Saturday 7 December 2019

Airlines need to accept their role in creating air rage

Dolores O'Riordan was arrested following an incident on a plane from New York to Shannon
Dolores O'Riordan was arrested following an incident on a plane from New York to Shannon

Patricia Casey

Air rage (also called sky rage) was unheard of until a few years ago. Now it makes headlines with monotonous regularity and when a celebrity is allegedly involved it becomes front page news, even in quality newspapers.

The latest person to come to public attention is Dolores O'Riordan of the Cranberries although there is no certainty that she was actually involved in this behaviour.

Other well-known figures whose names are associated with air rage include supermodel Naomi Campbell, actor Alec Baldwin, and Jennifer Lauren, the niece of fashion designer Ralph. But this tantrum-throwing isn't confined to celebrities, and just at the end of September an incident involving a passenger on a flight from Cork to Gran Canaria resulted in a man being taken to prison when the plane arrived at its destination.

It is only in recent years that air rage has come to public attention, having reportedly increased markedly since the 9/11 bombings. This is disputed by some sources such as www.flighthealth.org while the Air Transport Association estimates that the number of such incidents on US airlines is around 4,000 annually. However airlines are not required to inform the Federal Aviation Authority of such incidents and so this agency's data is likely to be an underestimate, recording 329 incidents in 1997.

Air rage has been a recognised crime since 1963 when the Tokyo Convention agreed that when a case is being prosecuted, the laws of the country where the aircraft is registered take precedence over the airspace in which the event occurred or commenced. Prior to that, there was jurisdictional uncertainty and many cases went unpunished.

The first recorded case arose on a flight from Havana to Miami in 1947.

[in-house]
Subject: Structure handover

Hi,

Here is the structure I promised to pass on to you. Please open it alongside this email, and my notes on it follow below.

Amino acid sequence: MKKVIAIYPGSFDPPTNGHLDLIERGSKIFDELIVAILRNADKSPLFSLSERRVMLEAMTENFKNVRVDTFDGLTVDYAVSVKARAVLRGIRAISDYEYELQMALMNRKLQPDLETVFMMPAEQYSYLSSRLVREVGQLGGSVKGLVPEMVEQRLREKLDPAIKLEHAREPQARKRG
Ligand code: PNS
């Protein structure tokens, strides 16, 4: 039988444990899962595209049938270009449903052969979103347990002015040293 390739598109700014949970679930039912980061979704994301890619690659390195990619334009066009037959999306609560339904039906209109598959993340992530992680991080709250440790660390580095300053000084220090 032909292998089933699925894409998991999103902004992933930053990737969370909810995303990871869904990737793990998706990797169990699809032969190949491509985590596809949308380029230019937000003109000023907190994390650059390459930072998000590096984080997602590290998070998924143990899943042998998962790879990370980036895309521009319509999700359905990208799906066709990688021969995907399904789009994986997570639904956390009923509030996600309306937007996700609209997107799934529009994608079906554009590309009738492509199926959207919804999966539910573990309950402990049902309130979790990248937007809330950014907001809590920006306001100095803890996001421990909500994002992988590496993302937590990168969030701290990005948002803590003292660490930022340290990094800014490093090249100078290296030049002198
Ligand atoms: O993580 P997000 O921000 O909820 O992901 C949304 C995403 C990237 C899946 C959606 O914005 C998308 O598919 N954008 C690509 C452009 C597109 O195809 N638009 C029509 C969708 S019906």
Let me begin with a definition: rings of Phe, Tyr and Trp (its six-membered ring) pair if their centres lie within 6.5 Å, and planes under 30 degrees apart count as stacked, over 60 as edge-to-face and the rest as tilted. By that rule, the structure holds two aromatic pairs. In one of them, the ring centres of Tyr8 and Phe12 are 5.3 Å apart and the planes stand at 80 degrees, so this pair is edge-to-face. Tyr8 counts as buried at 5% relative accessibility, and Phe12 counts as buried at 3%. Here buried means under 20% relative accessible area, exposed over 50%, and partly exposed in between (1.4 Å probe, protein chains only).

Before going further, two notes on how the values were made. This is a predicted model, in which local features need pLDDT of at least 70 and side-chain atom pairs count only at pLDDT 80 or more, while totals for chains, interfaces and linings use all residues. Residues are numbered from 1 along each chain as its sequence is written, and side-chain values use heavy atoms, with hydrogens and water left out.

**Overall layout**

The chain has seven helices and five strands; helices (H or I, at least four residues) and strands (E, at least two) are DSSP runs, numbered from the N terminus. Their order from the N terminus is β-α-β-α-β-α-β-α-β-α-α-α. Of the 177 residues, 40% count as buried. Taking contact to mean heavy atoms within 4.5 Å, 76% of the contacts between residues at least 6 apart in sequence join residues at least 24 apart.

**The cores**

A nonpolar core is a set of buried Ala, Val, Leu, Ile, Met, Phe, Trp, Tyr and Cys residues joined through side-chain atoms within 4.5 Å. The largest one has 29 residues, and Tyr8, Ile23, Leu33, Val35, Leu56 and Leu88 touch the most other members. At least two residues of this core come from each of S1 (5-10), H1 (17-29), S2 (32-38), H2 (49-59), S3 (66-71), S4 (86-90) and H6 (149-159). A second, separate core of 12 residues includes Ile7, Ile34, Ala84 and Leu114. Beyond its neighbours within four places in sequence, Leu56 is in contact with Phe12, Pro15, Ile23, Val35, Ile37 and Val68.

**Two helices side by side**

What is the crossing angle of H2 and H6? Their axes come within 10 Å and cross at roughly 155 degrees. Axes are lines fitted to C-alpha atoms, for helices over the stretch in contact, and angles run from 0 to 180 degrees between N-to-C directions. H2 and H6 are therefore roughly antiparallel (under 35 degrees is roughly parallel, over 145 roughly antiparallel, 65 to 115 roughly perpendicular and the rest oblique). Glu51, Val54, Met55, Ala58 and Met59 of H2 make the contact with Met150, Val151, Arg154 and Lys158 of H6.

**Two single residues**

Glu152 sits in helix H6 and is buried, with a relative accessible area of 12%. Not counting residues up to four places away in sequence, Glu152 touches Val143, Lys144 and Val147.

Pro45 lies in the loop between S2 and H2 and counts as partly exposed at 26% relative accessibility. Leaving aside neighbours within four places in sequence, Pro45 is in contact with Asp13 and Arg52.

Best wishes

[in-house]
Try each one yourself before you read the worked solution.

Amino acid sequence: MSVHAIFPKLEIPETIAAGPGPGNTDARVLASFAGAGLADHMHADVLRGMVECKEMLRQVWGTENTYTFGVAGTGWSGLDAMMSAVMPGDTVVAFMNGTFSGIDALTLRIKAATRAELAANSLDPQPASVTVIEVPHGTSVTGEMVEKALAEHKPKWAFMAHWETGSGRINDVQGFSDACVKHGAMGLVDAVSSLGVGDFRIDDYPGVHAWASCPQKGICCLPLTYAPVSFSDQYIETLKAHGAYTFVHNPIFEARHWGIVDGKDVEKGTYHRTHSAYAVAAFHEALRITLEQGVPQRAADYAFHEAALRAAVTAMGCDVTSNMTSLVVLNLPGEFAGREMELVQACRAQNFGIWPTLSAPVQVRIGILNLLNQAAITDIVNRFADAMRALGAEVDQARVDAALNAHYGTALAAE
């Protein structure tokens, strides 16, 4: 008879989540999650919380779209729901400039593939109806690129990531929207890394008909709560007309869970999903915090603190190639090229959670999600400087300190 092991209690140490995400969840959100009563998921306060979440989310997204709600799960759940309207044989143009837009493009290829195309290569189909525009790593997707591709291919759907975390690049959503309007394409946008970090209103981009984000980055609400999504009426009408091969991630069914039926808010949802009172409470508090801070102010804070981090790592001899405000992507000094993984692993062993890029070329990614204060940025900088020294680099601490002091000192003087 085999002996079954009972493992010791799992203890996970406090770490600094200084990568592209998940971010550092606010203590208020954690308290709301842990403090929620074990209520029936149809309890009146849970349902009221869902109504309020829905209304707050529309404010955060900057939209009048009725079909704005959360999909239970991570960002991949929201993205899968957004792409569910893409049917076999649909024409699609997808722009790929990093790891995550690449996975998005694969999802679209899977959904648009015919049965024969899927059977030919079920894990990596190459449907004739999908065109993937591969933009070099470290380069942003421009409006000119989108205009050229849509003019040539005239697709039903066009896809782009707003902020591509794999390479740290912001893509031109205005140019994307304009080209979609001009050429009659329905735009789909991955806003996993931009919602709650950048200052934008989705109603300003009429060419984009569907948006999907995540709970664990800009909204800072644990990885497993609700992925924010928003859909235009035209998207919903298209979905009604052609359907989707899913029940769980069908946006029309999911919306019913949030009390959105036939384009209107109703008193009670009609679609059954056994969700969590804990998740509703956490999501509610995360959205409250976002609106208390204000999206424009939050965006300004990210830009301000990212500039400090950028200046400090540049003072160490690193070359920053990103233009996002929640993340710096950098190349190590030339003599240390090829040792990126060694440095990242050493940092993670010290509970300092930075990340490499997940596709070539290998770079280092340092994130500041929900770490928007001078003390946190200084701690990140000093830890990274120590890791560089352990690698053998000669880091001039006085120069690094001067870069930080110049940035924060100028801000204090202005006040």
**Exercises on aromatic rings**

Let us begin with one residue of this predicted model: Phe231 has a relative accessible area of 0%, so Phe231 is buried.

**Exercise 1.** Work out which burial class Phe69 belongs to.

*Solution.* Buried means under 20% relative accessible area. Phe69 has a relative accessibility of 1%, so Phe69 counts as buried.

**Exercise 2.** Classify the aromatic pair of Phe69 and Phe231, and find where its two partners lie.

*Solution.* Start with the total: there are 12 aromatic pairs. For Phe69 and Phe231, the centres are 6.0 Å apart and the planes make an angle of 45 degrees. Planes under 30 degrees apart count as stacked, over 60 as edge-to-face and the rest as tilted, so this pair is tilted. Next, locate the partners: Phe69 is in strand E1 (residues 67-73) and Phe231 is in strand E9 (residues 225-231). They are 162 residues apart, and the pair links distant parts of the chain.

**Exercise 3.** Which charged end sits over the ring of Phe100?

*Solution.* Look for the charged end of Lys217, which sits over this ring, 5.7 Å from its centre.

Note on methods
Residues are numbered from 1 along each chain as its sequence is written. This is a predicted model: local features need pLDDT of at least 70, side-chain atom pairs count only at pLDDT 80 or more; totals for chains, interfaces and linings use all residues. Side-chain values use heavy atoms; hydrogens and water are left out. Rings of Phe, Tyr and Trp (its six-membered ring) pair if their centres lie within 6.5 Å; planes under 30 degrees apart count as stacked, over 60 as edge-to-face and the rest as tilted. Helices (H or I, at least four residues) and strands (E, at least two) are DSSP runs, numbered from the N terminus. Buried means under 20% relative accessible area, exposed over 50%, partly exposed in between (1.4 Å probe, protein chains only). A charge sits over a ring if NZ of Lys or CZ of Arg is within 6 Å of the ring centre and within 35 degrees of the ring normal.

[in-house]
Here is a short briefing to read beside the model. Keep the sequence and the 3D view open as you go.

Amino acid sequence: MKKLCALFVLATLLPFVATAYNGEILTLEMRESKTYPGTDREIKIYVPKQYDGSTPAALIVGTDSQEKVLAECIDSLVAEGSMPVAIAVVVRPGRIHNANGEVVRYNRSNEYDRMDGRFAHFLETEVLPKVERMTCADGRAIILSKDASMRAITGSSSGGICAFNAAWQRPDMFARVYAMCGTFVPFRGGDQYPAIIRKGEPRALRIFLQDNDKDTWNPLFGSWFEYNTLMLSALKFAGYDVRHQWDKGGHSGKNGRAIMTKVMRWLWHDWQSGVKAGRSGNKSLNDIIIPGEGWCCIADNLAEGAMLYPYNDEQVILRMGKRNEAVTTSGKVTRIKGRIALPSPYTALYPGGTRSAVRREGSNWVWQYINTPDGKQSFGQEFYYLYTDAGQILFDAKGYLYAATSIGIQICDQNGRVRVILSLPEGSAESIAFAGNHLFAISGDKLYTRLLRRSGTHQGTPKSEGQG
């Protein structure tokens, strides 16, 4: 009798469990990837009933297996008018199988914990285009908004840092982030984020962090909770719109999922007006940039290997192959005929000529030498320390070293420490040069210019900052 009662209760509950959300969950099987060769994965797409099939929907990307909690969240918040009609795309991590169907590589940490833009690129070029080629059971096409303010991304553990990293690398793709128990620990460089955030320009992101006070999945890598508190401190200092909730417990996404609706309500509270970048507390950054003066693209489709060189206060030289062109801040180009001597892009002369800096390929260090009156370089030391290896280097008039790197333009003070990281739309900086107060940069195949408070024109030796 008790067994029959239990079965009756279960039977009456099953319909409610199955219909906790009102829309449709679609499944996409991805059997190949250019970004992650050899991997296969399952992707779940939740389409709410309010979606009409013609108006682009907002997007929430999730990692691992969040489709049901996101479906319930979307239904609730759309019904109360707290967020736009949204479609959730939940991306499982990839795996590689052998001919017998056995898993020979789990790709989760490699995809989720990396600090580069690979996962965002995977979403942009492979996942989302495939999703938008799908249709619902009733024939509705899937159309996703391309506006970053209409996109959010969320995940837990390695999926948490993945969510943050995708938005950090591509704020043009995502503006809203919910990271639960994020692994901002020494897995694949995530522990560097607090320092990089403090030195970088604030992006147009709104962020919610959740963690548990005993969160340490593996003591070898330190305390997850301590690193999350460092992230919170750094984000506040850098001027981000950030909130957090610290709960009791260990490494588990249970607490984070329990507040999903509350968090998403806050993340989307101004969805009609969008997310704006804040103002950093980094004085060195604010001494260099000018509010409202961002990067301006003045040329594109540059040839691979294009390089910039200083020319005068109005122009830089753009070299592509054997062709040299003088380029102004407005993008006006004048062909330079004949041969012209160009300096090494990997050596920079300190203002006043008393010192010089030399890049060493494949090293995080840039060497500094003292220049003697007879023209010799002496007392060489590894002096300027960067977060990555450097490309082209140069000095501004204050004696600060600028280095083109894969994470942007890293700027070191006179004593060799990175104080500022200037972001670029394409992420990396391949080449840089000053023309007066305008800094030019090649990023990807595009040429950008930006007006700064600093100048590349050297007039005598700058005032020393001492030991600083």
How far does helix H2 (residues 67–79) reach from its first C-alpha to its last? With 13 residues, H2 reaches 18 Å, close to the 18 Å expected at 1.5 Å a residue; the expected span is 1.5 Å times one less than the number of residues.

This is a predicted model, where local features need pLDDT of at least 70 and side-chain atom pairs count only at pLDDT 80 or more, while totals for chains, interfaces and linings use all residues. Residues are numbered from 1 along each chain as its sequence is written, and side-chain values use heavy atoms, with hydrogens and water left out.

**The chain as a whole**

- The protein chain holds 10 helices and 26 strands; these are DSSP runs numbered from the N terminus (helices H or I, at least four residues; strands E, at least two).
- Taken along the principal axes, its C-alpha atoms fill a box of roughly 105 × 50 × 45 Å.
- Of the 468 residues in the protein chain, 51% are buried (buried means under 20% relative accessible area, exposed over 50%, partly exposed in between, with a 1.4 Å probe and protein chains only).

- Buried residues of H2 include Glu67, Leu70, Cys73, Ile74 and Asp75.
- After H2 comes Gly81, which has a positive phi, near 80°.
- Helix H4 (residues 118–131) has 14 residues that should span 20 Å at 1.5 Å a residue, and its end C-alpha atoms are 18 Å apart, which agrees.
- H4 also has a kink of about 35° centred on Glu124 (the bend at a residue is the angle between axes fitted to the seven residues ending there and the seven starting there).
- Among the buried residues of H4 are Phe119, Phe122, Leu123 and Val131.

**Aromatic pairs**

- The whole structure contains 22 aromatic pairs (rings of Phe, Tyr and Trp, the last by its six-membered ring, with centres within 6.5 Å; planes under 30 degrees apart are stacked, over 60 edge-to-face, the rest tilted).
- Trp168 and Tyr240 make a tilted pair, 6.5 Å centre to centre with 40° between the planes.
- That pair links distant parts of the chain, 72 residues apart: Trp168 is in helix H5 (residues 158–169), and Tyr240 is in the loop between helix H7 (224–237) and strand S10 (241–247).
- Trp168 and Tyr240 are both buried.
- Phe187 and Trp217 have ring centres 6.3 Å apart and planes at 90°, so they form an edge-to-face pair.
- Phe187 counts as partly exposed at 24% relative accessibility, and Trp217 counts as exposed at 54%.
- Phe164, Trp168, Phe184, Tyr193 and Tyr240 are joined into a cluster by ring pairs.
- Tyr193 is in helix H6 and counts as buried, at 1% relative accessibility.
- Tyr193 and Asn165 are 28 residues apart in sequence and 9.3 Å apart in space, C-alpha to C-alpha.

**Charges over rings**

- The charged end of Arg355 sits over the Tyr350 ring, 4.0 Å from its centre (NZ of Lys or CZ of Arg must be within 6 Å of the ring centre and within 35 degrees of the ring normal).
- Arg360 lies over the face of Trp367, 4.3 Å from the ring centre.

Why does it attract so much public attention - after all, brawls and assaults take place all the time? One possible explanation is that an aircraft is a closed space in the air and therefore escape is not possible as it is when a street fight occurs. So everybody is vulnerable.

The possibility of isolating the person in a closed space is not possible and the fear of the event escalating into the takeover of the aircraft or a major air disaster is never far from peoples' minds. This makes air rage unique and therefore more terrifying in the public imagination.

Air rage is defined as disruptive or violent behaviour perpetrated by passengers or crew, usually during flight. The behaviours covered include obnoxious behaviour, unruliness, threats to bomb the aircraft, anger or violence, refusal to follow the safety regulations and undue anger.

Even such a broad definition doesn't encompass all the behaviours associated with air rage. For example, in 1995 an intoxicated investment banker on a flight from Buenos Aries to New York defecated on the food cart when he was refused alcohol.

Alcohol is routinely believed to be the most common cause of air rage. Imbibing alcohol in a pressured cabin where the air is less dense alters the way the body processes oxygen in the blood. A rule of thumb is that one drink while flying has the same effect as two or three on the ground. Some flights provide alcohol generously, while passengers treat themselves to a few drinks to mark the beginning of a well-deserved holiday, and those who are anxious flyers use it to reduce their stress levels.

To this add the role of modern flying conditions. With increasing cheap flights available to hungry consumers, flights are overbooked, leading to arguments even before check-in begins. The pre-flight vetting is extremely stress-inducing, having to remove coats, jewellery, belts, shoes, display your liquid toiletries in a see-through sealed bag and still face the possibility of a hand search on the other side of the detection equipment.

Then long queues at the security belts and trying to enter the aircraft itself increase passenger exhaustion and frustration.

By the time the aircraft is boarded many are at the end of their tether. The overhead bins then become a battleground as bags are twisted and moulded to take yet another wheely case. Leg room is only fit for sardines and the tilt of the seat backwards is for many a further intrusion into what is left of personal space.

The fault line between calm and anger when seated may be the arm rest if actual physical contact between elbows or forearms takes place. The services on board are frequently abysmal with a sense that the staff is detached and disinterested, preferring to chew gum instead of greeting the passengers on arrival.

Frequently, no help is offered with putting baggage in the overhead bins. As one steward was reported as saying when asked to assist an elderly person with his bag "You bring, you swing". The heady mix of alcohol, stress and frustration is for some, overwhelming.

None of these observations are to justify air rage but to explain that while some of those who engage in this may be no different from street fighters, some are not. Perhaps it is time for the airlines and airports to at least consider the contribution that their practices might make to these annoying, distressing and potentially dangerous occurrences.

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